Another guess. You have never lived in a socialist country so really don’t know what practical socialism is maybe even believe the ” Socialism rhetoric” exposed lately here in the US. I have lived and worked for 20 years of my adult life in both socialist and communist countries. Incentives being proposed bares no semblance to socialism.

    Personaly, I would rather see something done, even if not perfect, that sit around and pontificate about how it should be. Actions speak louder than words

    • George Hughes

      Member
      September 22, 2021 at 10:18 am

      I can claim only 70+ years of ‘experience’ but I know that the Aptera represents a paradigm shift in auto making in much the same way that making changes in how we as a people address the massively critical issue of climate change and carbon reduction needs reform.

      I understand how the influence of established power of both the legacy auto industry including its worker institutions have written the laws to aid their specific interests.

      That said, I support the current proposal and scheme in large part because it carves out a budget allocation for the task.

      Still, objectively, there are better ways to accomplish the stated goals; ways that provide more bang for the buck in the expenditure of yours and my tax dollars. That long experience tells me that it is always easier to reallocate appropriations than get them passed in the first place.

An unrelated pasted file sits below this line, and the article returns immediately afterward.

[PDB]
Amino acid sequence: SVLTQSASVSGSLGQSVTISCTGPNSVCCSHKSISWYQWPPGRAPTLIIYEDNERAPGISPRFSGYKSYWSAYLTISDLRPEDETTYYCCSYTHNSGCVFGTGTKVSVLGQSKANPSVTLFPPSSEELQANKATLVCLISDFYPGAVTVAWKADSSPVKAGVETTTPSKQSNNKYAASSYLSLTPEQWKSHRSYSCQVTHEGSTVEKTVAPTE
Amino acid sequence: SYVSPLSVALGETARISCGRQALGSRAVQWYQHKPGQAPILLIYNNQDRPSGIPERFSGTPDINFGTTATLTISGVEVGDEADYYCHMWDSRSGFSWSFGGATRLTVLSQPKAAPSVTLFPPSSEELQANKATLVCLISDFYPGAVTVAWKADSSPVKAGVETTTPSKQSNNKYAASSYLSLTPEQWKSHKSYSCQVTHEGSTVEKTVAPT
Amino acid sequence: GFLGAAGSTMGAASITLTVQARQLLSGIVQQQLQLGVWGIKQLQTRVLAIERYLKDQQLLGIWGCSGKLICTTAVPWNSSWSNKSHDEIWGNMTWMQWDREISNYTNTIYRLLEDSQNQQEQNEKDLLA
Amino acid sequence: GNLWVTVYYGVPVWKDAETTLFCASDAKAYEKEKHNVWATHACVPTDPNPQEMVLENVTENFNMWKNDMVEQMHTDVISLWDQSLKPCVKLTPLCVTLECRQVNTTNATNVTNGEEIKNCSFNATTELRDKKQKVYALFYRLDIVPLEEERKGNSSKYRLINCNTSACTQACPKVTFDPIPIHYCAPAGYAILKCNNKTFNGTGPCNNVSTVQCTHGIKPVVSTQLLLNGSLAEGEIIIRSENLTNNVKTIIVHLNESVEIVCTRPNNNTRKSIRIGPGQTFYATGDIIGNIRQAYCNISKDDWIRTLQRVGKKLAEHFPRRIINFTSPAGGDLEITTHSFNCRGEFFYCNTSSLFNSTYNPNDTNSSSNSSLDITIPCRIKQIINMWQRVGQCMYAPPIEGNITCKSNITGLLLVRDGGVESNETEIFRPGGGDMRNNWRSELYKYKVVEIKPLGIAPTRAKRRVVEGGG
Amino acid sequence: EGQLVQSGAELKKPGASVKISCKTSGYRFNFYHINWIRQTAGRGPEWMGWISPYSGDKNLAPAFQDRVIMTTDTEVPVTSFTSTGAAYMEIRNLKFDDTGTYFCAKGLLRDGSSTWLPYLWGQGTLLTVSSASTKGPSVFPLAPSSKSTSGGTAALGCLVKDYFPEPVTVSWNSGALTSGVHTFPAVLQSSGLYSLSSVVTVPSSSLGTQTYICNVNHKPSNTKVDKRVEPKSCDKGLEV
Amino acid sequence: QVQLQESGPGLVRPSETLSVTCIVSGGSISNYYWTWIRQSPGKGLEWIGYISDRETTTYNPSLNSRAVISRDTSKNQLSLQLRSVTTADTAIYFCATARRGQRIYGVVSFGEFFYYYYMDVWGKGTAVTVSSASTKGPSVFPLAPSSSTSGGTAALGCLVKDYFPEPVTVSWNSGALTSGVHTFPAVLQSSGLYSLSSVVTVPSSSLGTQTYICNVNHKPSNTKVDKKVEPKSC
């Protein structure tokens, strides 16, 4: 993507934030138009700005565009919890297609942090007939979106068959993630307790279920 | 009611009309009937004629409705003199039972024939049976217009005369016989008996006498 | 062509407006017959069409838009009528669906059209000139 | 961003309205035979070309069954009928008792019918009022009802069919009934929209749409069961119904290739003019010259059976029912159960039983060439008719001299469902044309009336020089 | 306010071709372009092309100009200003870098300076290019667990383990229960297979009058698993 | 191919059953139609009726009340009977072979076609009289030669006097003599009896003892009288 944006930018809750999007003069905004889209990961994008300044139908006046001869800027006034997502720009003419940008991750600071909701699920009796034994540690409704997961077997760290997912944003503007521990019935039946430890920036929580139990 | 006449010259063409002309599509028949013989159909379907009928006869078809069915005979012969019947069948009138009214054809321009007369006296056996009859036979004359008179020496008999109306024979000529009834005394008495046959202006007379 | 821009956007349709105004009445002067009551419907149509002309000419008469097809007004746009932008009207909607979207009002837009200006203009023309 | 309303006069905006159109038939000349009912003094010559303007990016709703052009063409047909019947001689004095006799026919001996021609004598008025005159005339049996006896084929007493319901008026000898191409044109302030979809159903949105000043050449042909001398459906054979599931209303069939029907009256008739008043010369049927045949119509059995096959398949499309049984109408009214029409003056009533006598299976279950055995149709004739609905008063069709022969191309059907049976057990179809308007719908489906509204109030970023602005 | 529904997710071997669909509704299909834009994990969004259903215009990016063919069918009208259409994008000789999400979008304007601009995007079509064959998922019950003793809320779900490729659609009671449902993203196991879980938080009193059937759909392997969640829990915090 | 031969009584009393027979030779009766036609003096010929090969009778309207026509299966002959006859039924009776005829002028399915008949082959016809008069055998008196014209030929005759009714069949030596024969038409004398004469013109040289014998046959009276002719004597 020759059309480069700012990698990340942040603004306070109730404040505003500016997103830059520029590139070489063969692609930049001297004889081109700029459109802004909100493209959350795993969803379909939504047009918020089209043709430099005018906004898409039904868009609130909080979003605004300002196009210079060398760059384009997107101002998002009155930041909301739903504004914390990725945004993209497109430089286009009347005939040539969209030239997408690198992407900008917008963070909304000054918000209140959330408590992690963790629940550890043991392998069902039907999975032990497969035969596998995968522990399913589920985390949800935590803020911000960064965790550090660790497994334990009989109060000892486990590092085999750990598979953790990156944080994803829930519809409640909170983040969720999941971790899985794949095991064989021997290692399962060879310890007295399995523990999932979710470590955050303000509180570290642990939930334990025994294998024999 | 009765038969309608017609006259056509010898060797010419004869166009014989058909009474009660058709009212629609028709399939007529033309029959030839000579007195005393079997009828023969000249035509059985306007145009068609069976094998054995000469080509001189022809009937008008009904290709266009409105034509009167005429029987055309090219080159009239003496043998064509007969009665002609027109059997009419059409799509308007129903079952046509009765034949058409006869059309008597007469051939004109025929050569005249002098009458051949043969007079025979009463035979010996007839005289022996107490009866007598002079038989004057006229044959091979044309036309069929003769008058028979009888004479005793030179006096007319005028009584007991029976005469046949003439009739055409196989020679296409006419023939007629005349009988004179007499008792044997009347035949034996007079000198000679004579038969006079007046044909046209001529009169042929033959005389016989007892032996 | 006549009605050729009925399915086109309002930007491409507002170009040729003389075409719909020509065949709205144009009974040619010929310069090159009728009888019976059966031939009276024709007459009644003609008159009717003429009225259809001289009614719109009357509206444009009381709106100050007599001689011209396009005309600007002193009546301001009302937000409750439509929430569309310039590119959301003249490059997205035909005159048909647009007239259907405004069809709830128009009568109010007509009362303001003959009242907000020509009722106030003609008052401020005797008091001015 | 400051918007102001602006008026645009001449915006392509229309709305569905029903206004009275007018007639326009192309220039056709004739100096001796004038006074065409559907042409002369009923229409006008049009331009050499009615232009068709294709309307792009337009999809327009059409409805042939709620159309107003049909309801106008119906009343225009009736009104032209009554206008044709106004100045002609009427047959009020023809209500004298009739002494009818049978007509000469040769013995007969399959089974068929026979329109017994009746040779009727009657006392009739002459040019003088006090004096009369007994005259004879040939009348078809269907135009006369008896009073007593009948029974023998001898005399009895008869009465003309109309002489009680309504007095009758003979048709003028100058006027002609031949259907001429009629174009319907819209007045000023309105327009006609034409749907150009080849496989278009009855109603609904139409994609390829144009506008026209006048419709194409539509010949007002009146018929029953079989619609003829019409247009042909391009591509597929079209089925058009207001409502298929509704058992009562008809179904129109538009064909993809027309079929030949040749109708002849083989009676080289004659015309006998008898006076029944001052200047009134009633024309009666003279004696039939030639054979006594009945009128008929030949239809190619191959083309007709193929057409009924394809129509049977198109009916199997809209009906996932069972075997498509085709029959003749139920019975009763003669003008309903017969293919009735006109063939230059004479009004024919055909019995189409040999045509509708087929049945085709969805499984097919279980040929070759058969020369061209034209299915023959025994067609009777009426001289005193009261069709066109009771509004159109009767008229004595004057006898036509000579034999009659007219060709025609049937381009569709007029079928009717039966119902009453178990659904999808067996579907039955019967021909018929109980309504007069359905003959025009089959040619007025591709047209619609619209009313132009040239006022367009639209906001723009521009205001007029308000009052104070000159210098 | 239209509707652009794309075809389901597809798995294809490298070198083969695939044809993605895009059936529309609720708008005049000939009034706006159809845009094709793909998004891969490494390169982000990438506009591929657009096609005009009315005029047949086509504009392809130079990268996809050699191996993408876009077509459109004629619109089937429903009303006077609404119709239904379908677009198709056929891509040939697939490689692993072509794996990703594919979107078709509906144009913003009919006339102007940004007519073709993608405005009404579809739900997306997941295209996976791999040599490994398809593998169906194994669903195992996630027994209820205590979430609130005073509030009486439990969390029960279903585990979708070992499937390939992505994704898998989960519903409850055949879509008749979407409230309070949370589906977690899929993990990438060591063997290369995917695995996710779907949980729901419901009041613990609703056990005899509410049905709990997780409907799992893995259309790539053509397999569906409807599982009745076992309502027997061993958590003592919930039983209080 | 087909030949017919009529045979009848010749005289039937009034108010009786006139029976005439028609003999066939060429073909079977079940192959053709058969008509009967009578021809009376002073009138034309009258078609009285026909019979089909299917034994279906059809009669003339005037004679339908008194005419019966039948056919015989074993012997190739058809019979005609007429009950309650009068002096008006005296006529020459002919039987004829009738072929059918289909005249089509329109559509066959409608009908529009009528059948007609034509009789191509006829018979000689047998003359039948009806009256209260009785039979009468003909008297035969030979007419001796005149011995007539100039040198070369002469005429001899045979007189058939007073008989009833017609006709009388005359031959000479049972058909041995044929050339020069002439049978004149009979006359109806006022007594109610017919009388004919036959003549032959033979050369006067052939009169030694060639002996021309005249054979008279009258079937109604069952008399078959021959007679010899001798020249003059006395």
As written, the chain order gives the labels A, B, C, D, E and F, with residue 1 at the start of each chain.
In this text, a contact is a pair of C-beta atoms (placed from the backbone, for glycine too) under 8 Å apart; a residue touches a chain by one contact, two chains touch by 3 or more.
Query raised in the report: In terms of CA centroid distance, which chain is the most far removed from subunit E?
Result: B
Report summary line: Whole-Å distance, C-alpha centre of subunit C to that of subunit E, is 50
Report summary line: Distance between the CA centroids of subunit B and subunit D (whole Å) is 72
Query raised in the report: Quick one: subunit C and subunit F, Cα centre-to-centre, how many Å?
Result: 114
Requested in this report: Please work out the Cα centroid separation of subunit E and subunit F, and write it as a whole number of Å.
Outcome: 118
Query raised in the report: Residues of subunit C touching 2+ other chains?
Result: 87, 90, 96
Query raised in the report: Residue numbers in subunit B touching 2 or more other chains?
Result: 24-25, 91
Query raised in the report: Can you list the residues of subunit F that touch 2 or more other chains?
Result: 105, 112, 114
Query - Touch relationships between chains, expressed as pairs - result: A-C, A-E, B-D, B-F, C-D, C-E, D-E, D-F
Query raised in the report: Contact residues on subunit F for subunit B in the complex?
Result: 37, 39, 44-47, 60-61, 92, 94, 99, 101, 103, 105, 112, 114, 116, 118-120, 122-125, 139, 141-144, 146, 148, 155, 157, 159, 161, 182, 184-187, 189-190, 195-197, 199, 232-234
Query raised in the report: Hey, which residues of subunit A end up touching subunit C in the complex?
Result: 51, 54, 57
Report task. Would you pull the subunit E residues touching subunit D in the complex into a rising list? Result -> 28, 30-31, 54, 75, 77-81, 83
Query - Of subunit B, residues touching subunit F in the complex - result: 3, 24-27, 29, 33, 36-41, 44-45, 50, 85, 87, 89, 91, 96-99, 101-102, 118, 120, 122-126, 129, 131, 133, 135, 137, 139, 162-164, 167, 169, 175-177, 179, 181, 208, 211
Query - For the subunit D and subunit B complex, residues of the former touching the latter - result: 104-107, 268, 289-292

Certainly, the current law – assuming it can even be passed – is better than what we have now but won’t get us where we need to go. In automotive terms, it is at best a 20-mile range Prius hybrid in the road to electrification when what we really need a 1000-mile Aptera that runs totally on power from the sun.

      Reminds me of a ditty from my childhood. “Good, better, best, never let it rest, ’till the good gets better and the better gets best.”

      • John Malcom

        Member
        September 22, 2021 at 10:41 am

        Thanks for this George!

        I agree, “Continuous improvement” is necessary. I am a Six Sigma Practitioner and that is one of the mantras for the Six Sigma discipline. We do need to start somewhere though even if it is not an ideal starting point and unpopular. Rather than strive for the “Best” to start with, starting with “Not so good” but achievable is necessary. It is better to have “Not so good” than nothing. How do you eat an elephant, “One bite at a time”

        The current proposed legislation certainly is not ideal. but right now there may be a chance to pass it. I suspect, if we don’t, the opportunity for anything may be lost for some time as we will move on to other priorities and to an election that may result in a governance makeup not at all friendly to EV incentives.

        Then we can “Nickle and dime” them to where we want to be 😀